On the west side of Kauai, we can climb the Waimea Canyon Road to look into the canyon and hike the trails along the rim. At the upper end of the canyon road we enter Kokee Park for more wonderful hikes. Right at the junction between the two is a small parking area where we can hike a series of trails to the rim of the canyon. Our favorite is to hike the long loop along the Canyon Rim Trail and back through the rainforest tracks, a 10 km loop.
The trail goes down to a pool which feeds Waipoo Falls. Kokee Stream descends from the Alakai’i Swamp and then drops 800 feet down the cliffs into the canyon.
We continued along the Canyon Trail catching glimpses below through the clouds that rolled in from the rainiest spot on the planet. Clouds mantle the top of Kawaikini and Waialeale every day, but we can sometimes get some clear weather in the mornings.
Some hikers return by the same route or a loop route can be followed suing a series of rainforest tracks. On this last hike we continued along the Kamuela Trail then the Halemanu- Kokee Trail back to the parking area.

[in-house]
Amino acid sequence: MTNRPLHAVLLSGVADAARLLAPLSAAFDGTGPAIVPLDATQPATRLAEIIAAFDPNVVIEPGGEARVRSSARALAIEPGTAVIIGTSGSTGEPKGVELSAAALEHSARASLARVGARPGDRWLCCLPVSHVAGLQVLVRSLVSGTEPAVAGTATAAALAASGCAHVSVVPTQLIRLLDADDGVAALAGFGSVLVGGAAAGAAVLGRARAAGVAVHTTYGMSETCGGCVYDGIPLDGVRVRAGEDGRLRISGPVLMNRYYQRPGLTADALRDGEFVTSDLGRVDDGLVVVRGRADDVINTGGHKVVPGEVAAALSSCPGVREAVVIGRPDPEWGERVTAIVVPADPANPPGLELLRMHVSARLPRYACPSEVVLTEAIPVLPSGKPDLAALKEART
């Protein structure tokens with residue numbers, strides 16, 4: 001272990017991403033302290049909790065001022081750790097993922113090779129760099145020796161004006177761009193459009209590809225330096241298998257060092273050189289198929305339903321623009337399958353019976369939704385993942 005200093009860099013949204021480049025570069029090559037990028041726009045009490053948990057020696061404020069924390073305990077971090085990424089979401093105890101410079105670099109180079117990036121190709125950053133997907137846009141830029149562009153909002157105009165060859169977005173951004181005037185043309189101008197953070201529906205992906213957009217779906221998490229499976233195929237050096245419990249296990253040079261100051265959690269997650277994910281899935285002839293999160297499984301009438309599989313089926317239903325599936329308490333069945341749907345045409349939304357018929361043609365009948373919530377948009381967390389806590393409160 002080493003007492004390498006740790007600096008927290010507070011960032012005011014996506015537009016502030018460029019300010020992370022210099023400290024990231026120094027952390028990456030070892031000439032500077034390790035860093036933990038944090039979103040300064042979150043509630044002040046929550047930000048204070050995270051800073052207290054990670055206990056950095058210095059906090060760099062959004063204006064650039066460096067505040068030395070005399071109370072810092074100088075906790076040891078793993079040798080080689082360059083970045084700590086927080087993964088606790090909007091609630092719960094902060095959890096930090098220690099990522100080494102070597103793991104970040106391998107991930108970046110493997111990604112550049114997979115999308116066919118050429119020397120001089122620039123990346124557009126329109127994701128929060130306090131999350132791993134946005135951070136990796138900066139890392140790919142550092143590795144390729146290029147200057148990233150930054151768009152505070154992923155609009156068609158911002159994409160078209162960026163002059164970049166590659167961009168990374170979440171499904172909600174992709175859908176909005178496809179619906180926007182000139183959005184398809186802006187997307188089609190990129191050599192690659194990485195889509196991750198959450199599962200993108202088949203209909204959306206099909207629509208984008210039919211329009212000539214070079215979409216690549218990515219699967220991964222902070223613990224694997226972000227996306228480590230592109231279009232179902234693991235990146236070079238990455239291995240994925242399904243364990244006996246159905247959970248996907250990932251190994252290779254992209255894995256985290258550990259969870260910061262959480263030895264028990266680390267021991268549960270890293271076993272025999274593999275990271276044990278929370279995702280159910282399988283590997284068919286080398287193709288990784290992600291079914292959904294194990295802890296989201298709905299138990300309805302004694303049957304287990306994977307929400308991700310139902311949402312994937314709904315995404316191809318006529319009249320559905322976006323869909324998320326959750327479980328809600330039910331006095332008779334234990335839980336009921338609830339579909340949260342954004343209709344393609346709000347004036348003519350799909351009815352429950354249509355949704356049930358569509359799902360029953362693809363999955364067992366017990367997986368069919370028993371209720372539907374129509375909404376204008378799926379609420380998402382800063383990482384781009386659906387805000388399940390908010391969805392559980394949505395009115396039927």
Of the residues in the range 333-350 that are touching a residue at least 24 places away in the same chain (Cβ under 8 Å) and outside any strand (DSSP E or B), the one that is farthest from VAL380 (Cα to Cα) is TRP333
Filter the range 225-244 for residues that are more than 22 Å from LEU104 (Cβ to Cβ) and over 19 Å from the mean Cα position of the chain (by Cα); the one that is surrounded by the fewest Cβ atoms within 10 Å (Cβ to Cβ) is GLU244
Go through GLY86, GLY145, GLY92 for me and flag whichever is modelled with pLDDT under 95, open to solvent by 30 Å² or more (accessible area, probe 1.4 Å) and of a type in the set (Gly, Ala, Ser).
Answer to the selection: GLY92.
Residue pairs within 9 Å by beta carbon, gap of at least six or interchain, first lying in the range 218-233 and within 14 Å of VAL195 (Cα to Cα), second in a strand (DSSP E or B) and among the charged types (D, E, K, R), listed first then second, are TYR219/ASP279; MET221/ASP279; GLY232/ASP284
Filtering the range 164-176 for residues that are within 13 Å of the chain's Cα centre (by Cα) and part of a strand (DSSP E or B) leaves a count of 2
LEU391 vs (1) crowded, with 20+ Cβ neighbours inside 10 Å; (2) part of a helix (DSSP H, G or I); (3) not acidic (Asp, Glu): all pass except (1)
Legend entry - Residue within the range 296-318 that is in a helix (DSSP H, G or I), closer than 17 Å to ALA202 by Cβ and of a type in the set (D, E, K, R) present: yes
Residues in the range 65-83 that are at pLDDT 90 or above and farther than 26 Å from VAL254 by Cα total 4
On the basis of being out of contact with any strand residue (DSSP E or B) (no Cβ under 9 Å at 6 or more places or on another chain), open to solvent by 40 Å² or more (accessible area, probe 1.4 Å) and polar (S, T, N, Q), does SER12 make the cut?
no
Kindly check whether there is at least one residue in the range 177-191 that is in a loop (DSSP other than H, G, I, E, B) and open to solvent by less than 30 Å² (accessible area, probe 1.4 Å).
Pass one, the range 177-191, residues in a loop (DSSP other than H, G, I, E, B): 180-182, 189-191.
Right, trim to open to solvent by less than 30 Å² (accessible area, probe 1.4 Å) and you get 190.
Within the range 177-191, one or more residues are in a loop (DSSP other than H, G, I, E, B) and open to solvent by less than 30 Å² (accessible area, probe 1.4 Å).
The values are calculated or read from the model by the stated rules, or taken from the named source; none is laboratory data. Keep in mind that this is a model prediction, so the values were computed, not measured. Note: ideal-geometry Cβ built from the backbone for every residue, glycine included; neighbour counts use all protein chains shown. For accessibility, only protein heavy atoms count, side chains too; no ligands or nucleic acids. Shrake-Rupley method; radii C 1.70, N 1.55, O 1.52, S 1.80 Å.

The rainforest itself is dense with ferns, vines, shrubs, and a variety of swamp and wet forest trees – o’hia, koa, sugi cedar, silk oak, and swamp mahogany. There is a subtle and marvelous beauty in this forest. In open spots there are a variety flowering plants – ginger, blackberry, passionflower, honeysuckle, fuschia, begonia, guava, vervain, strawberry, fleabane, manana, and ohia lehua,
By hiking the Canyon Trail then stopping at the informal viewpoints on the Kokee – Waimea Road we can see Waimea Canyon from multiple perspectives.
Although we have hiked these trails a few times, we will continue to return for more hiking in Waimea Canyon and Kokee Park, our favorite area for hiking on the Island of Kauai and one of our favorites from all of our travels.